Started writing this to the somewhat surreal strains of Sheena Easton singing ‘For Your Eyes Only’ for about the 93rd time. It’s been on a loop with some other 80s pop faves in the hotel restaurant and is driving me slightly mad(der). But that is the only downside to the setting – looking out over the becalmed Caribbean Sea soon after a pretty hefty lightning storm (it is the start of the rains and hurricane season, as i never cease to remind people who might be remotely jealous of this assignment). Been in Jamaica for a Langham Partnership preaching conference (21-24th May) – having come for the same thing this time last year. Sounds cushy and it is certainly a real privilege to be involved. But having got to know some of the folks here reasonably well after two visits, i would still want to spend time with them even if they lived in the most inhospitable places on earth. But before bringing news of the conference in a later post, here are a few fun moments and observations.
For the other two facilitators on the conference, Gordon & Paul, these rules became rather a leitmotif for our week in Jamaica. I do think that there are some general principles to learn from here so felt it valuable to publicise them. In particular, i would like to draw attention to rules 2 & 3. Having ‘wound or sore’ is clearly a threat. But the clincher has to be the ban on ‘blowing of nostril’. How breathing is possible is not clarified. But I suppose hygiene is more important that respiration, when push comes to shove.
We had one morning free before the conference began, so Gordon & I made a pilgrimage to the place that Bob Marley is buried, at his birthplace of Nine Mile (about an hour and half’s drive up into the Blue Mountains). He died at the age of 36 from cancer in 1981. As a long-term fan, it was a real thrill and gave fascinating insights into Rastafarian way of thinking. Was amused by the somewhat ironic injunction in Rasta colours on the front gate stipulating “Smoking is Prohibited”. Incidentally, the colours are those of the Ethiopian flag and mean:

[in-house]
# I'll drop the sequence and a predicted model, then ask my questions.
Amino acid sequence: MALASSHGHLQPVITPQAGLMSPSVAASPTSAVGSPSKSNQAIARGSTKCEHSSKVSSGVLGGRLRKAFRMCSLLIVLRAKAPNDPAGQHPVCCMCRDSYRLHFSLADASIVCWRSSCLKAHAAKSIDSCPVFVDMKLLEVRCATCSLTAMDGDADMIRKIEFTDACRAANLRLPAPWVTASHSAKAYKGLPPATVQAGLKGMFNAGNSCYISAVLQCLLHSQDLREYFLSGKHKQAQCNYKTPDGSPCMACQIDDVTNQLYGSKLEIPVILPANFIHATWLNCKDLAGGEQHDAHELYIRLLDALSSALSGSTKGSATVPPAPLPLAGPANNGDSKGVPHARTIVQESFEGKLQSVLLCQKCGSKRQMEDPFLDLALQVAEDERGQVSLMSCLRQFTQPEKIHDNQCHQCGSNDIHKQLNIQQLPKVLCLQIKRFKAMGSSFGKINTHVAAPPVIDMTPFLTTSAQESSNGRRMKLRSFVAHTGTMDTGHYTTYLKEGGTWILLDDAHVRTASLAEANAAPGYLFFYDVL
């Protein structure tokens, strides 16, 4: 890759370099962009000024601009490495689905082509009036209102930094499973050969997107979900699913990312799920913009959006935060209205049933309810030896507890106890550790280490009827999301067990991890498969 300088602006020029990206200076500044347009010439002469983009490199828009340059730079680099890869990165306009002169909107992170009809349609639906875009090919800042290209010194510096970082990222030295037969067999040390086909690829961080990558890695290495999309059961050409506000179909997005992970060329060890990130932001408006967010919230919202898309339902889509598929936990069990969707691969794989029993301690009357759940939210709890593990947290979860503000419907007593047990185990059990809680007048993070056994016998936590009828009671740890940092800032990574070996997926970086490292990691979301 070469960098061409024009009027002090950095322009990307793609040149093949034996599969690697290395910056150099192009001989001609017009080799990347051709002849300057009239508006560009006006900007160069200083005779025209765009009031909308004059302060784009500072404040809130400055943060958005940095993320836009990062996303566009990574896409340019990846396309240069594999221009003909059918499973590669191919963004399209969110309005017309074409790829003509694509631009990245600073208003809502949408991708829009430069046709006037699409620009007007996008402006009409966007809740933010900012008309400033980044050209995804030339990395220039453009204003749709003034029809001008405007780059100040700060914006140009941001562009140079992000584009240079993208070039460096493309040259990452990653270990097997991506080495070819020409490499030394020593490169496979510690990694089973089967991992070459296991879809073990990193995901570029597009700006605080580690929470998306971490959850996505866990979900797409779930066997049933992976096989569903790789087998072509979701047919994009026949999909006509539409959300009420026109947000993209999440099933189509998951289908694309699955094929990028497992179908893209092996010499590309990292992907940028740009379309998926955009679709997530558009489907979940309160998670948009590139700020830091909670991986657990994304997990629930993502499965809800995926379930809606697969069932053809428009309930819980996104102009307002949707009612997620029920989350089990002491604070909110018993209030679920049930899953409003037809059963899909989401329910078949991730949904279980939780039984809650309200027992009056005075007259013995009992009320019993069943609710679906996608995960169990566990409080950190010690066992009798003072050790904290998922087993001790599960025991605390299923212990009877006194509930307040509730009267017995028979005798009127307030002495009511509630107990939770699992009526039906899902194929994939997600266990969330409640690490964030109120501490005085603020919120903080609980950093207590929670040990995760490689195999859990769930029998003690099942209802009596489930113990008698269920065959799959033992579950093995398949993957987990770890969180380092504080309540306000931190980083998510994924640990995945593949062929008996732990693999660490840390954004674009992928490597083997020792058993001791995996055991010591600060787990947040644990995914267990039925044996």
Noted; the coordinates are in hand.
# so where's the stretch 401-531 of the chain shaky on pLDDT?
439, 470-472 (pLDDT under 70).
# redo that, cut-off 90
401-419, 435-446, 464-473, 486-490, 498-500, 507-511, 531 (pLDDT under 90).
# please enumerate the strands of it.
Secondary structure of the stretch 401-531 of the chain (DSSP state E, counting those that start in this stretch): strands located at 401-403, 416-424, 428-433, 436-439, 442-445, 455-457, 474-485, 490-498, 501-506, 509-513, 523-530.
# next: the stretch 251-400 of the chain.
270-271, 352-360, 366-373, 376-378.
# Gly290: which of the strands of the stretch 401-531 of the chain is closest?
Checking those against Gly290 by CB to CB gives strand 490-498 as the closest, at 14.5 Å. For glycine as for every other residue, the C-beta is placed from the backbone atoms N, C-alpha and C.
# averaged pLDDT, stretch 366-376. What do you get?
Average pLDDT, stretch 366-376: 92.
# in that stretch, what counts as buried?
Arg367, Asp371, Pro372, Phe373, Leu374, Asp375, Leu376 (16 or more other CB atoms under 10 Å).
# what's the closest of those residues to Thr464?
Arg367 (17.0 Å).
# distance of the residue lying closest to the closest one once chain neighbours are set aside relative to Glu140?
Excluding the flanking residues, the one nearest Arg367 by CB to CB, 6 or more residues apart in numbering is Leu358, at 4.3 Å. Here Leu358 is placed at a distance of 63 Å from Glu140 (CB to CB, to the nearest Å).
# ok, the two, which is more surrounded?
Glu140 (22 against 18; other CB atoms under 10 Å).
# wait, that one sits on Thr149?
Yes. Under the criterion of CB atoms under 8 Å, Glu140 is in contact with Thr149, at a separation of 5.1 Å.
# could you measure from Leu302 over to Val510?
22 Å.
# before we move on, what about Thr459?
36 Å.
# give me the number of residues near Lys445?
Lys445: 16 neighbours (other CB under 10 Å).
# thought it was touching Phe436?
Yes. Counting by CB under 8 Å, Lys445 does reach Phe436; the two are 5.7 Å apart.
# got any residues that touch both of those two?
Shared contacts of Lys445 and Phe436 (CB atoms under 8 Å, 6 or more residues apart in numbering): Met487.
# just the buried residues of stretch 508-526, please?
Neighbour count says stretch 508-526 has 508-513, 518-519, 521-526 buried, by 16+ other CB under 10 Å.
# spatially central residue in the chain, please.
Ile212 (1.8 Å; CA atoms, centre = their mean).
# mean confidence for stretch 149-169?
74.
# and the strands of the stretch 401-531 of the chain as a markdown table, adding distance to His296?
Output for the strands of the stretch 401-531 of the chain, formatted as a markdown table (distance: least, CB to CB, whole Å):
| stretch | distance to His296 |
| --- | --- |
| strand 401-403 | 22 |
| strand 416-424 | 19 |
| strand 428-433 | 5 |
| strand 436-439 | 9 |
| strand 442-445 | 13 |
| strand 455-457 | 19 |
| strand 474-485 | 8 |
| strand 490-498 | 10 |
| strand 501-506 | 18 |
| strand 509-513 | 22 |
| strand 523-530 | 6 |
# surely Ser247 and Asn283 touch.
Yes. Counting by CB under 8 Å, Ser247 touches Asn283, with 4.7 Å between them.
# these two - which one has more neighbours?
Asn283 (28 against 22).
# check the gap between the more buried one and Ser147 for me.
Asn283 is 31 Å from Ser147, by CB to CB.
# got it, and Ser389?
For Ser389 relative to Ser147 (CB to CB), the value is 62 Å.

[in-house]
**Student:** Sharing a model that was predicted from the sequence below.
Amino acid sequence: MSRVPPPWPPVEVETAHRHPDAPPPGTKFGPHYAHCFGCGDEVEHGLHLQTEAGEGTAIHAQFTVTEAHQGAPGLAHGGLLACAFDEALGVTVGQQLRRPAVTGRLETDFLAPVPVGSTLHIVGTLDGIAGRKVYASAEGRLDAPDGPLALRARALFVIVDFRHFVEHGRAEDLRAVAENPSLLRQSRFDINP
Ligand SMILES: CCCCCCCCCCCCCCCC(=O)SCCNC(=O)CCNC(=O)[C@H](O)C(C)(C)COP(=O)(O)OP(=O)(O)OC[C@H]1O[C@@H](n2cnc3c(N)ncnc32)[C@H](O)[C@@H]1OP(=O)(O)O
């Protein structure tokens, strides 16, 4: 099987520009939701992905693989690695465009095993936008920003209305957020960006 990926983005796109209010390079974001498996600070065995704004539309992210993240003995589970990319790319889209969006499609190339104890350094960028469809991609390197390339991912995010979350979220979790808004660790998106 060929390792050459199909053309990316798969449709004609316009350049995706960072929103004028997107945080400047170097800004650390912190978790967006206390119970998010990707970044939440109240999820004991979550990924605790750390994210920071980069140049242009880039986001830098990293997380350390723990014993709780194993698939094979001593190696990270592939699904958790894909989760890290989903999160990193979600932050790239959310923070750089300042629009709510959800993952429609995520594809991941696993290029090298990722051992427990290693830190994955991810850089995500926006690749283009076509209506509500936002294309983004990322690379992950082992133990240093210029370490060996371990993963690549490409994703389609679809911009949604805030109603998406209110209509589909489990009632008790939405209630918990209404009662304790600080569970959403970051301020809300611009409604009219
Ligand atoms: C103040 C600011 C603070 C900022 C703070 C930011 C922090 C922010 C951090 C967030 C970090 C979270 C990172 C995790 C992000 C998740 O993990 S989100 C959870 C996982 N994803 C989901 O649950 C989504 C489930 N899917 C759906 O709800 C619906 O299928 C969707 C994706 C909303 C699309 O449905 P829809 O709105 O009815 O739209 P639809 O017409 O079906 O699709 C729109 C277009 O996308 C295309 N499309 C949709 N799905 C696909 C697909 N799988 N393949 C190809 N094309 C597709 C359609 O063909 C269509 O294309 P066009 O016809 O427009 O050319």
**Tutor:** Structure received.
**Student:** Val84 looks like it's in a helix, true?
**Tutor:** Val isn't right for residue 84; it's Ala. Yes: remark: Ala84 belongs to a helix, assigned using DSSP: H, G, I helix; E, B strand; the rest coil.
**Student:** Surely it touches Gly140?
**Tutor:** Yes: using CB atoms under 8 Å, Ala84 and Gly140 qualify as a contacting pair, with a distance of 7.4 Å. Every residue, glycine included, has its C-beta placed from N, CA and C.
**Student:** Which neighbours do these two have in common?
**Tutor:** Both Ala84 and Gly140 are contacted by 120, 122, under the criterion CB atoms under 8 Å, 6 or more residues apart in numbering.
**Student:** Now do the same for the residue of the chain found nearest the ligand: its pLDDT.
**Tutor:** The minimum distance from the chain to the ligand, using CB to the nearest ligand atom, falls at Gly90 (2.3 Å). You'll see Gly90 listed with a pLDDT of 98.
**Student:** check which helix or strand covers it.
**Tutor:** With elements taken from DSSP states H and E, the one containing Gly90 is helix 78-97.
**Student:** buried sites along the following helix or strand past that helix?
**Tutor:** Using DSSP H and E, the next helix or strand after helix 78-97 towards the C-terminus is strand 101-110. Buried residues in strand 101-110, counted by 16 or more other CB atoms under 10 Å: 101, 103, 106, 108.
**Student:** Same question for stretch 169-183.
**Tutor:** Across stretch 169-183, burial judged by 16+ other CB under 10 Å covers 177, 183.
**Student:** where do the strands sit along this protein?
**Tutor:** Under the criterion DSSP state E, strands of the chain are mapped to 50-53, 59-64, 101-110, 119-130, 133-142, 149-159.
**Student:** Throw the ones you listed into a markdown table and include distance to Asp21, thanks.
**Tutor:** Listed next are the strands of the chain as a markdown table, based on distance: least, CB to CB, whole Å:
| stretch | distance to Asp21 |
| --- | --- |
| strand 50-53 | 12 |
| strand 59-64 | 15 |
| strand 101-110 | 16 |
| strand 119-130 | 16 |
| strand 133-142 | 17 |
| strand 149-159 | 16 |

- Red – for the colour of the blood that runs in every living creature and especially every human being regardless of skin colour. This was especially important for Marley’s view of the world because he was the son of a white English-Jamaican and a local black Jamaican girl.
- Yellow – for gold and treasure and for the life-giving sun
- Green – for the earth and the life that it sustains.
We were given our tour by the renowned Fuzzy – an old school-mate of Marley’s – he was quite a character – and would sing various Marley songs at each stop around the small compound. A highlight from Fuzzy’s impressive repertoire was his rendition of Is This Love, in Bob’s actual minute bedroom, where there is appropriately enough a single bed. We were assured that this was Bob’s actual bed as well – but somehow i doubt it. But maybe i’m too much a cynic:
IS THIS LOVE by Bob Marley
I wanna love you, and treat you right
I wanna love you, every day and every night
We’ll be together, with a roof right over our heads
We’ll share the shelter, of my single bed
We’ll share the same room, JAH provide the bread
Is this love, is this love, is this love
Is this love that I am feeling (repeat)
I wanna know, wanna know, wanna know now
I got to know, got to know, got to know now…
Incidentally, JAH is the Rasta name for God – presumably a contraction of Yahweh – and the Old Testament and its apparent links with the royal house of Ethiopia and the former Emperor of Haile Selassie (who was actually identified with God). For more details see the Wiki article on the Rastafari movement. What especially struck me was the syncretism of it all though – especially around his tomb. We couldn’t take photos of that, which was fair enough, but we could walk around it inside the small purpose built mausoleum. It was full of OT imagery and even some identifications with Jesus. The stained glass window of Bob as the ‘Good Shepherd’ was rather too much, and i can’t help but feel that he would have been appalled by that. But there were also Hindu and Buddhist images and sayings that had been left there by people, as well as bits and pieces from Bob’s life (like his football and guitar and Bible).
Behind the house was a small hill which was known by locals as Mount Zion – so now i can honestly say that i’ve visited Mount Zion (a real place of pilgrimage) and I produce a photo of it here in glorious Technicolor. Fuzzy also sang us this one. Somehow all felt very ‘authentic’!
IRON LION ZION by Bob Marley
…I’m on the rock, (running and you running)
I take a stock, (running like a fugitive)
I had to run like a fugitive just to save the life I live
I’m gonna be Iron like a Lion in Zion (repeat)
Iron Lion Zion, x3
Iron like a Lion in Zion…
Fortunately, this is still the only WallMart on Jamaica. And long may it continue and thrive in independence and prosperity, away from the clutches of the evil capitalist empires of the west. Quite a local character in the town of Runaway Bay where we were staying – Ziggy was only too delighted to have his photo taken. What a dude. Certainly has much more style than its commercial namesake, and definitely more soul. A great poke in the eye for rampant globalisation.